According to Lebanon’s Daily Star, the war-ravaged southern town of Bint Jbeil is remaking itself as a suburban summer getaway for expatriates who left over the last three decades of strife.
In the war of 2006, Bint Jbeil was a major flashpoint between Hizbollah and Israeli troops; Hassan Nasrallah delivered an incendiary speech there. But the violent history starts earlier: Bint Jbeil was invaded by Israeli troops in the 1978 Operation Litani. From 1982-2000, Israel occupied southern Lebanon, including Bint Jbeil, following the country’s civil war. The Daily Star reports that thousands of Lebanese left the country during the 1970s and 80s to start anew in the American Midwest, particularly Dearborn, Michigan. Since 2000, they’ve come home for summers spent in villas that remind them of their adopted home:
A walk through the avenues along these hills reveals high stone walls and massive brass gates that lead to lush green gardens surrounding these villas, evoking a high-end suburb in southern California, instead of a traditional Lebanese village that has suffered years of war and occupation.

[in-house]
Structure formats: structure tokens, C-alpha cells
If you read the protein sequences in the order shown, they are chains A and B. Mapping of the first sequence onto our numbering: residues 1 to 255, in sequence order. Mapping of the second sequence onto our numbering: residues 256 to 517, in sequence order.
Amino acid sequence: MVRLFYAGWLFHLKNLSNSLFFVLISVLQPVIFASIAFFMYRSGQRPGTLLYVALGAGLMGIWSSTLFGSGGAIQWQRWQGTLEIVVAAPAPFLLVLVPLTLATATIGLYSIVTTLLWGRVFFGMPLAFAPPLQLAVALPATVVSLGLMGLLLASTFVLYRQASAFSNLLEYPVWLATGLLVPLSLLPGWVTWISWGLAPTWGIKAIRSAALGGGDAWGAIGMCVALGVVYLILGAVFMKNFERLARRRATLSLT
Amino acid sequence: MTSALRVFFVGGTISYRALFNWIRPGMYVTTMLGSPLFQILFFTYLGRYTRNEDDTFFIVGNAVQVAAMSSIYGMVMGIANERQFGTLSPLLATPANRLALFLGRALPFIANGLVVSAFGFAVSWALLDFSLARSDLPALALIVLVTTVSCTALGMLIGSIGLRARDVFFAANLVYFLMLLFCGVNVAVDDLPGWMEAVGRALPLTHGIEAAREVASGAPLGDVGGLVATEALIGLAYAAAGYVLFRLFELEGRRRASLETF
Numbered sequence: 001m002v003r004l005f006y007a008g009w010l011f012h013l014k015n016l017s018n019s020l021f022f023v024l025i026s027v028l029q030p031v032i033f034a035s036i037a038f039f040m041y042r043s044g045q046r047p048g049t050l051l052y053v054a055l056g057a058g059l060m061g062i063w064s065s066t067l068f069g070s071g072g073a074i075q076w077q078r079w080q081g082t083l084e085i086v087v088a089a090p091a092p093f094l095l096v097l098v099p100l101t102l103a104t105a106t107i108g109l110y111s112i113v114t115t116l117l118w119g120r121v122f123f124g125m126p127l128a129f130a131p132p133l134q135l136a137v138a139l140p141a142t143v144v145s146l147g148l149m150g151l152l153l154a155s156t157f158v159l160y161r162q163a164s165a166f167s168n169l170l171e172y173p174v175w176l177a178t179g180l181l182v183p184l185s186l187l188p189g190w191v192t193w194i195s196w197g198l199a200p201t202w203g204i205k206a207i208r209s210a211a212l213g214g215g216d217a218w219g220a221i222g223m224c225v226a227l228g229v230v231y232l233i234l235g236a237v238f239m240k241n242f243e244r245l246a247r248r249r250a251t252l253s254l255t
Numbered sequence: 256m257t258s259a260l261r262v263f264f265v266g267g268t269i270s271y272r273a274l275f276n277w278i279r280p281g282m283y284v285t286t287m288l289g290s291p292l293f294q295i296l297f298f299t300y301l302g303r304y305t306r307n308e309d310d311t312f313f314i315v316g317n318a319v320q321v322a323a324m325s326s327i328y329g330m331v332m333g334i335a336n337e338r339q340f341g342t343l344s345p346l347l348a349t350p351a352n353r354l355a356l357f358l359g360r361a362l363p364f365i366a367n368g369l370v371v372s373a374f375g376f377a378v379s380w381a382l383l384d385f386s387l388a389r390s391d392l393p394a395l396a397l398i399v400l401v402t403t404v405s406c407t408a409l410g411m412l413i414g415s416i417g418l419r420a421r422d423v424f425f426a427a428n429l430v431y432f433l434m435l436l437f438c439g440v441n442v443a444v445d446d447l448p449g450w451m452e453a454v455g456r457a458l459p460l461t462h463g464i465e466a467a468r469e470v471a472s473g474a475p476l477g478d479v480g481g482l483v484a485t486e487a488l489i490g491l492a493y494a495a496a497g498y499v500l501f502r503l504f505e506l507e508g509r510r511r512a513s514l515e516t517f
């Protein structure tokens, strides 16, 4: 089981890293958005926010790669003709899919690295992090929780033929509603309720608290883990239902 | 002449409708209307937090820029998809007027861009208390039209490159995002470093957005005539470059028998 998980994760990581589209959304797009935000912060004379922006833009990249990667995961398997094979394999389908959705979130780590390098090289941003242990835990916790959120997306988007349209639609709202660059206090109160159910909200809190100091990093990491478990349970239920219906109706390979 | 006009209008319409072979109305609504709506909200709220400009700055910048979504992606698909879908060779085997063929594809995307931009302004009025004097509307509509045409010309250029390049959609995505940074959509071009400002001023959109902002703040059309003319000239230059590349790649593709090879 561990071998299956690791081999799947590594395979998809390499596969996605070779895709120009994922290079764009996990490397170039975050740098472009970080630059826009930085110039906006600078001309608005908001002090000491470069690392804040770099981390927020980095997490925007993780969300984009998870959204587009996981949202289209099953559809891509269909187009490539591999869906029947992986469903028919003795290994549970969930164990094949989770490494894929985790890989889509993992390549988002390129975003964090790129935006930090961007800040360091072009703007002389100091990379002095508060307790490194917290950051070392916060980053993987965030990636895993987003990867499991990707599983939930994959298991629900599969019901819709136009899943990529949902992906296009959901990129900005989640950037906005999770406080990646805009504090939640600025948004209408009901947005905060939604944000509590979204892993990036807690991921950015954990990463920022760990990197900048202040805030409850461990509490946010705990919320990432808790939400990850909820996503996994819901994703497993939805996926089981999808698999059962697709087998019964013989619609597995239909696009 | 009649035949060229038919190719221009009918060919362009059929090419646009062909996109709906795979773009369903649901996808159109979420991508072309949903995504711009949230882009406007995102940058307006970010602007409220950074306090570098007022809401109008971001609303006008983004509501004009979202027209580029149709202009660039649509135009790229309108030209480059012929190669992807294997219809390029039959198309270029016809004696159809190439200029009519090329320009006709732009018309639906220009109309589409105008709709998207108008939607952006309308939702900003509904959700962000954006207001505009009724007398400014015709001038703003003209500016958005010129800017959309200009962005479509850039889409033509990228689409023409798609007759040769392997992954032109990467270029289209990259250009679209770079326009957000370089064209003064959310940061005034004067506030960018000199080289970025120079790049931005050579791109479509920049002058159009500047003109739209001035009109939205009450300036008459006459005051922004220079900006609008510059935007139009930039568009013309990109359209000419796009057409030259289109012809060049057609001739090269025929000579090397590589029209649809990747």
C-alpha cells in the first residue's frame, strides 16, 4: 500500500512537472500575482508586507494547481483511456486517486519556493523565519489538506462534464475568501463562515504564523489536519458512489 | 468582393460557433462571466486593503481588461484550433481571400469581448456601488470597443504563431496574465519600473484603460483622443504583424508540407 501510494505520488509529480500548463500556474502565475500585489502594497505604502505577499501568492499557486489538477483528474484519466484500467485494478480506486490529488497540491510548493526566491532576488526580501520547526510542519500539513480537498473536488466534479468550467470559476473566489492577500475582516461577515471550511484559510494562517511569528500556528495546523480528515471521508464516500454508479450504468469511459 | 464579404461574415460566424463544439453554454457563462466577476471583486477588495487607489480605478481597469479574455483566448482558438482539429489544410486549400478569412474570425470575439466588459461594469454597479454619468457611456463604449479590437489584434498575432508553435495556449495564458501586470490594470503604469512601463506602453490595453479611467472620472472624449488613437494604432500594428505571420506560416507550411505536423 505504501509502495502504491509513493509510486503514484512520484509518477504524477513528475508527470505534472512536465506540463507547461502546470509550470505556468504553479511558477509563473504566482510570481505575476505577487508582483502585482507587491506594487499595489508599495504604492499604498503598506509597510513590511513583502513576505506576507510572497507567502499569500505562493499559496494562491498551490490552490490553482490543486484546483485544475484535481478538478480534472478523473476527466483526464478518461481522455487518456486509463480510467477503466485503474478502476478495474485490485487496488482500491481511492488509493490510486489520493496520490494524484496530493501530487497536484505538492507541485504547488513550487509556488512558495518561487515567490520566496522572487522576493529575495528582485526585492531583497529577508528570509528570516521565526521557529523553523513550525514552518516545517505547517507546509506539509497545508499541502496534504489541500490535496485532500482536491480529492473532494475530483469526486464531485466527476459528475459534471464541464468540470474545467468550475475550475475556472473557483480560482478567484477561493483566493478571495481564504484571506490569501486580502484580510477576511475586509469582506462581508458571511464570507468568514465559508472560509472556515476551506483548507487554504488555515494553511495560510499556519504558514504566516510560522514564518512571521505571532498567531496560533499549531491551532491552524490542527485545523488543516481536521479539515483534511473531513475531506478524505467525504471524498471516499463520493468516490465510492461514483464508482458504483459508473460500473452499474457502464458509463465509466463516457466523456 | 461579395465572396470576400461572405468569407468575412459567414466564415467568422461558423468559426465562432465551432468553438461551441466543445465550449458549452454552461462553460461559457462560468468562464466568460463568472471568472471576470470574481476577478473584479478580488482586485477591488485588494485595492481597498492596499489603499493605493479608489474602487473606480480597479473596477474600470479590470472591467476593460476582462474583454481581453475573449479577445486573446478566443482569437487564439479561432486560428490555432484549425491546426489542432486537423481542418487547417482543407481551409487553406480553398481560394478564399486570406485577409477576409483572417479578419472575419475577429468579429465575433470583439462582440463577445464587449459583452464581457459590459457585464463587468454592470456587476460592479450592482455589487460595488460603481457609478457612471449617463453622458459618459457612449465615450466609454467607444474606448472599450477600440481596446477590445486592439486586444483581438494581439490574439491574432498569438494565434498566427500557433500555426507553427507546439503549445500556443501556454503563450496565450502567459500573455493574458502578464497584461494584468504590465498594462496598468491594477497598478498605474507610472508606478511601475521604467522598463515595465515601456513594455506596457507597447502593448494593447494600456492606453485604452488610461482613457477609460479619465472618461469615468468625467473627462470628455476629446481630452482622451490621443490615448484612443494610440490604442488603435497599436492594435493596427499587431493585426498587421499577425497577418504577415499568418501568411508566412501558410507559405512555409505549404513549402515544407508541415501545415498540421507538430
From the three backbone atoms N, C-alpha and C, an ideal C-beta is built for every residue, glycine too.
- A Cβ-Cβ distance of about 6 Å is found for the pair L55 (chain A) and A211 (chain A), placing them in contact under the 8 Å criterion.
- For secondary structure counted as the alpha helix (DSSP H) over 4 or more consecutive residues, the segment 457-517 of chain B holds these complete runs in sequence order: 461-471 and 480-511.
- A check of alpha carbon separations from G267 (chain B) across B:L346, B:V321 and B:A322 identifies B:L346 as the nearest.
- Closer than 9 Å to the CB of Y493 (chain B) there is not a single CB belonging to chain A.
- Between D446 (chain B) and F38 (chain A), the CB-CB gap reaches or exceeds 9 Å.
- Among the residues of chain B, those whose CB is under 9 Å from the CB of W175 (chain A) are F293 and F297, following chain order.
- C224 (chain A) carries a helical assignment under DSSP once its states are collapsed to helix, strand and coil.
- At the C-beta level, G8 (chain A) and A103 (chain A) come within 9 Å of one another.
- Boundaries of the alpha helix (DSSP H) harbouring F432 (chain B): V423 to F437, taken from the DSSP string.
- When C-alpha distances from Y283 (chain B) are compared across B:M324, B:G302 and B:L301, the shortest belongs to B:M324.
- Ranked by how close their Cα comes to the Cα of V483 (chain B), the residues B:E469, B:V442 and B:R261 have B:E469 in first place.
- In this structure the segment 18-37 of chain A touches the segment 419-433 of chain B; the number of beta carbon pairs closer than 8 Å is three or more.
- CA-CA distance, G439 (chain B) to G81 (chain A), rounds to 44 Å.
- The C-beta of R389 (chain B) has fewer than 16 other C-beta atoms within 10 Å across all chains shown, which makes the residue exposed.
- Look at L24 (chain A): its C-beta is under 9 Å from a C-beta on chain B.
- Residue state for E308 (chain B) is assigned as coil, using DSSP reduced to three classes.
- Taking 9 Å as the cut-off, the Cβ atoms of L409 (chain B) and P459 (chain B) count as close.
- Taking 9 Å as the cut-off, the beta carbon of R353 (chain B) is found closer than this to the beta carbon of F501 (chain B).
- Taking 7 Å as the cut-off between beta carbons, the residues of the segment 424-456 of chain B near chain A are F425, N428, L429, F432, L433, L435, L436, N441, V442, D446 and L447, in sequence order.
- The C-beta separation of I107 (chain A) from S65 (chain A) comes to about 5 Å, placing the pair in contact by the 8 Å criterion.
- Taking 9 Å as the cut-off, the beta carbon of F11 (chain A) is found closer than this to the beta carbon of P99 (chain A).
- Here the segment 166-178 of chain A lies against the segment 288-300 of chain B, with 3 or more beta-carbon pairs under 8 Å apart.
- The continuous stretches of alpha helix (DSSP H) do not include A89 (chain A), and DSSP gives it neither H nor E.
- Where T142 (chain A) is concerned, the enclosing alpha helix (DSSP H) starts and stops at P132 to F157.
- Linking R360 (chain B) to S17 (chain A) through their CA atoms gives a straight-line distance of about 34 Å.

Garbage bins stand outside the gates of each home, while a myriad of Mercedes, BMWs and Lexus SUVs trail bits of American slang behind them as they drive by.
While they have built up a suburban summer paradise, the infrastructure that keeps it all running smoothly in America doesn’t exist in Lebanon.
Readily-available electricity, hot water and air conditioning are 24/7 American luxuries that don’t exist in Bint Jbeil, making it difficult for potential returnees to imagine a permanent residence in the town.
The article is a fascinating look at another penetration of Americana into this region. However, the very things that make Lebanon unattractive as a permanent home to emigres highlight the enormous cost of maintaining neighborhoods of single-family homes.
::Map by Daniella Cheslow
::Photo from Lebanon Daily Star